Gaps found in battle against climate crisis
As COP28 takes place in the UAE, we look at efforts and the initiatives the UN conferences have championed as well as the global pledge to fight climate change.
Although a new Loss and Damage Fund has been operationalised for the most vulnerable poor nations in the face of climate change, countries in the Global South are still confronted with huge financial gaps in coping with the climate crisis, officials of the United Nations and developing countries say.
Addressing the G77 and China Leader’s Summit on Saturday, which was held on the sidelines of the COP28 United Nations Climate Change Conference in Dubai, the United Arab Emirates, UN Secretary-General Antonio Guterres expressed grave concerns over the fulfilment of financial commitments made by developed countries to support climate actions in developing countries.
“The developed countries must honour the commitment of delivering US$100 billion,” he said.
In 2009, developed countries pledged to mobilise US$100 billion per year by 2020 to support climate action in developing countries. The promise, however, has not yet been fully honoured.
“We need to see much greater support for the new Loss and Damage Fund,” Guterres said. “It started well but with not much money.”
First agreed during COP27, which was held in Egypt late last year, the fund has been a long-standing demand of developing nations to help them cope with the costs of the devastation caused by climate change.
The fund was operationalised on Thursday when the two-week-long annual UN climate gathering in Dubai opened. Several countries, led by the UAE, made financial commitments to the fund, with the UAE and Germany each contributing US$100 million.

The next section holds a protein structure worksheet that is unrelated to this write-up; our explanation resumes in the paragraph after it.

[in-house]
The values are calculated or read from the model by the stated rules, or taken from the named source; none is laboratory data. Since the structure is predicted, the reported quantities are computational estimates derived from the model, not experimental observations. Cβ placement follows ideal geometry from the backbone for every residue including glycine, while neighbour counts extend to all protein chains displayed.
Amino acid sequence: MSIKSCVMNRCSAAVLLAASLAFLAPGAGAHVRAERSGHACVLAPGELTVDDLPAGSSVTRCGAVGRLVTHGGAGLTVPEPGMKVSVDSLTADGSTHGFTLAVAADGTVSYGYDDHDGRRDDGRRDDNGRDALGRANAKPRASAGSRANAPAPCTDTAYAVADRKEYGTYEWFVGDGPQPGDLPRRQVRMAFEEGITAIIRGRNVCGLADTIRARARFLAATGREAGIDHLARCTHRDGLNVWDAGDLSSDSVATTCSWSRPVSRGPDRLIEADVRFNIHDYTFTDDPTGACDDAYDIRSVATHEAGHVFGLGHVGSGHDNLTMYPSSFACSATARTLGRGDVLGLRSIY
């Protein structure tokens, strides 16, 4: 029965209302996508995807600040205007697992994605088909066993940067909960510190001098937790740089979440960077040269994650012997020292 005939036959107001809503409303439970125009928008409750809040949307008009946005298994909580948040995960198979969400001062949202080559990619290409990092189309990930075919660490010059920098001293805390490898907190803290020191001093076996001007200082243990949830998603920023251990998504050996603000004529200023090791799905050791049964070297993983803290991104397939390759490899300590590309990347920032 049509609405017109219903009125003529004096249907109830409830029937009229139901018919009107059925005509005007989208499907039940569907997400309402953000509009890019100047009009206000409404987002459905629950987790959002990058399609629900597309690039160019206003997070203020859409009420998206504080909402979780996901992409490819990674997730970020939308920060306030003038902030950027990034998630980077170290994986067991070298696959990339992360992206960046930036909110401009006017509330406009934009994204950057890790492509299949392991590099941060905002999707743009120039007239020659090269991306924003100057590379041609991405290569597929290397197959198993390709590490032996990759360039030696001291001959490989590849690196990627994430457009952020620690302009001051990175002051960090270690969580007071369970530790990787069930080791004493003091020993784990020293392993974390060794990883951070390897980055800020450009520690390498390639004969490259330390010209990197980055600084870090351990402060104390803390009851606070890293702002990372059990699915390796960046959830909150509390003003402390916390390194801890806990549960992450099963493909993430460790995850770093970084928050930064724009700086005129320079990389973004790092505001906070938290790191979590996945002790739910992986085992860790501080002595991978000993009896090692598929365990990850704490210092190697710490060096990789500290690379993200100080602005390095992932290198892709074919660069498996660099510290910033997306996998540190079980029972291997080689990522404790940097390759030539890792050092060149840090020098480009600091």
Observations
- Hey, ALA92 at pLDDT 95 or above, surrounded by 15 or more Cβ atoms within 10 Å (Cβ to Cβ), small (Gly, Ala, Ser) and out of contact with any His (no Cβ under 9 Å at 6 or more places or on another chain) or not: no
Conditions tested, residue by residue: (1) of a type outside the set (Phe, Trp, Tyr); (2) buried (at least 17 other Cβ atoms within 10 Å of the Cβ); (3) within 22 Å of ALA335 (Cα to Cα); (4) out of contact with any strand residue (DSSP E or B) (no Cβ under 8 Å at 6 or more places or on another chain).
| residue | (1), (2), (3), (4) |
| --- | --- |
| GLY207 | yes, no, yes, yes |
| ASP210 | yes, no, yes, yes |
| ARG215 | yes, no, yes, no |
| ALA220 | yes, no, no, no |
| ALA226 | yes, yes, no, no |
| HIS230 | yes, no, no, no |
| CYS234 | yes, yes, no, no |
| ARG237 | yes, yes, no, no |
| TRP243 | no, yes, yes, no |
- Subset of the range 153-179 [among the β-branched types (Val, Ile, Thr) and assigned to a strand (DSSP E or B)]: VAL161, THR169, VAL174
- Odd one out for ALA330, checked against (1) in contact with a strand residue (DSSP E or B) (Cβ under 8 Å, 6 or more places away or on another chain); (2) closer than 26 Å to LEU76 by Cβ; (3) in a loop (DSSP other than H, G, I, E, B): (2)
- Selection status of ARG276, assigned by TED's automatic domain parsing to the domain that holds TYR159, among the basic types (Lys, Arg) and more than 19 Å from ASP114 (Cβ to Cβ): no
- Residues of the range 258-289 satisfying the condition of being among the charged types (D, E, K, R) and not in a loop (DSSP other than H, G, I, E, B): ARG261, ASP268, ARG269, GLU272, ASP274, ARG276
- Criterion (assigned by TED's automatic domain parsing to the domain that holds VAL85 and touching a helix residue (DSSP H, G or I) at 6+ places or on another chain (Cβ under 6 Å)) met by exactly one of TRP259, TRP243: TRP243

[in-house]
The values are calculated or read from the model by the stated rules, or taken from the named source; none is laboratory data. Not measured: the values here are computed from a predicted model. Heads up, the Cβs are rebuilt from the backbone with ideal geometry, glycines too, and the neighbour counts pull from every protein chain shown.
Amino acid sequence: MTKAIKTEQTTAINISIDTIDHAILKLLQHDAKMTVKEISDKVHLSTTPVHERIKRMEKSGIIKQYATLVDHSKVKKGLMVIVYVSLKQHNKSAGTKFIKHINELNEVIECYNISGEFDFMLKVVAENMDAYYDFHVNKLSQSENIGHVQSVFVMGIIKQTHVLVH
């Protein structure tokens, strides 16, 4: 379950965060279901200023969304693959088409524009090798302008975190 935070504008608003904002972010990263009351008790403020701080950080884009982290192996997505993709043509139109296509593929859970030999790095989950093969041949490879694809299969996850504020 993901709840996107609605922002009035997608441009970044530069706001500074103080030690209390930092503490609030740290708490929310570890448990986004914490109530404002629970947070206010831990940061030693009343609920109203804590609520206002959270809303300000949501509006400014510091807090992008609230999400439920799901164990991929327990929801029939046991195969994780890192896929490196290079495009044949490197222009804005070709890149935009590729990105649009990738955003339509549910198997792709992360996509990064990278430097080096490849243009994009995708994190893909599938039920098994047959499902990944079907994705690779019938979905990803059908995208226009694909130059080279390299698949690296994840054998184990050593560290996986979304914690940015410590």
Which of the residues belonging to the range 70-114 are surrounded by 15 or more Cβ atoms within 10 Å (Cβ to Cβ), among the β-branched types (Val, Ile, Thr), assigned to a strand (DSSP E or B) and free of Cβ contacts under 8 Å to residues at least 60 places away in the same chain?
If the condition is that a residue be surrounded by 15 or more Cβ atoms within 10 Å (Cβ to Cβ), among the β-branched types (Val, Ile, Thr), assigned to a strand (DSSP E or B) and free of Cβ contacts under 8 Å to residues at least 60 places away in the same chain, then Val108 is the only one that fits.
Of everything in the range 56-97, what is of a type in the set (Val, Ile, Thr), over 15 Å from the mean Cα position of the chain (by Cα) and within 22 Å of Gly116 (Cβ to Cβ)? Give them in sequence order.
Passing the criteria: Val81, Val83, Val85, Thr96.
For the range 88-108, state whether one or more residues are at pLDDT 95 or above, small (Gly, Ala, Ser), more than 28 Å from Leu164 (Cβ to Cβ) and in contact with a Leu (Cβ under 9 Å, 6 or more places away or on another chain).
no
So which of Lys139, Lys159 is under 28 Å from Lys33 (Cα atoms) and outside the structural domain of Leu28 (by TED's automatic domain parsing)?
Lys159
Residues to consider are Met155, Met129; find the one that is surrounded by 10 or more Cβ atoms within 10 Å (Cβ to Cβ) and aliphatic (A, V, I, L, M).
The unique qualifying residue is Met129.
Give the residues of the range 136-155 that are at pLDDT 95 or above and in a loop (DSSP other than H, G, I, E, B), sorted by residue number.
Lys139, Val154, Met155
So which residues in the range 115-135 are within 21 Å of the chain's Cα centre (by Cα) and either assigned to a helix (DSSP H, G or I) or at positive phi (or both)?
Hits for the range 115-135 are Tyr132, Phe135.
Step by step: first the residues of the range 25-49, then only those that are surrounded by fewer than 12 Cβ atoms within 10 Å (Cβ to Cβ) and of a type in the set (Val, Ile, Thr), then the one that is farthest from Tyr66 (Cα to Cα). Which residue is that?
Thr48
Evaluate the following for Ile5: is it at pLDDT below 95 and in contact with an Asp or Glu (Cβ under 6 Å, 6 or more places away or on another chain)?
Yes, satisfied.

“Climate finance still has a long way to go,” Guterres stressed. “Up to 18 times more finance is needed for adaptation to meet the current needs of developing countries.”
The International Energy Agency estimates that the transition to net zero in emerging markets and developing economies will cost more than $2 trillion annually by 2030, he said.
Dennis Francis, the president of the 78th Session of the General Assembly, called for further actions from developed countries to ensure the sufficiency of resources in the new fund.
The severe economic, social and environmental devastation from climate change creates more debilitating consequences for developing countries, he emphasised at the G77 and China Leader’s Summit.
“Despite having made a minuscule contribution to this crisis, naturally this is most worrisome in the least developed countries, landlocked developing countries and small island developing states,” he said.
“It is thus essential that COP28 deliver an ambitious series of climate action outcomes that accelerate climate adaptation to assist and support those most vulnerable struggling on the front lines, he said.
“Now that the (loss and damage) fund is established, it is hoped that other countries will follow the strategic leadership of the UAE and Germany and ensure the sufficiency of resources in the fund to underwrite the financial requirements for the adoption of adequate adaptation mechanisms,” he said.
At a dialogue session discussing the sustainable development of enterprises on Friday, Xie Zhenhua, China’s special envoy for climate change, said the operationalisation of the Loss and Damage Fund marked “big progress”.
“We are happy for that,” he said.
In accordance with the UN Framework Convention on Climate Change, and its 2015 Paris Agreement, developed countries should provide financial and technological support to developing nations and now there has been progress in this regard.
“We hope for more contributions to the fund. And the developed nations should make even greater efforts for that,” he said.
Wilber Khasilwa Ottichilo, the governor of Kenya’s Vihiga County and the chairman of the Environment and Climate Change Committee at the Council of Governors in the African nation, also welcomed the fund, but he said a lot more is still needed.
“It’s a very necessary fund, particularly for developing countries and Africa because we are bearing the brunt of climate change, but we contribute very little,” he said.
The commitment from a few countries to the Fund is a welcome move. But he said that’s “a drop in the ocean”.
“We hope that more countries will come in and commit, particularly the countries that have contributed to the overall problem of climate change in the world,” he said. — China Daily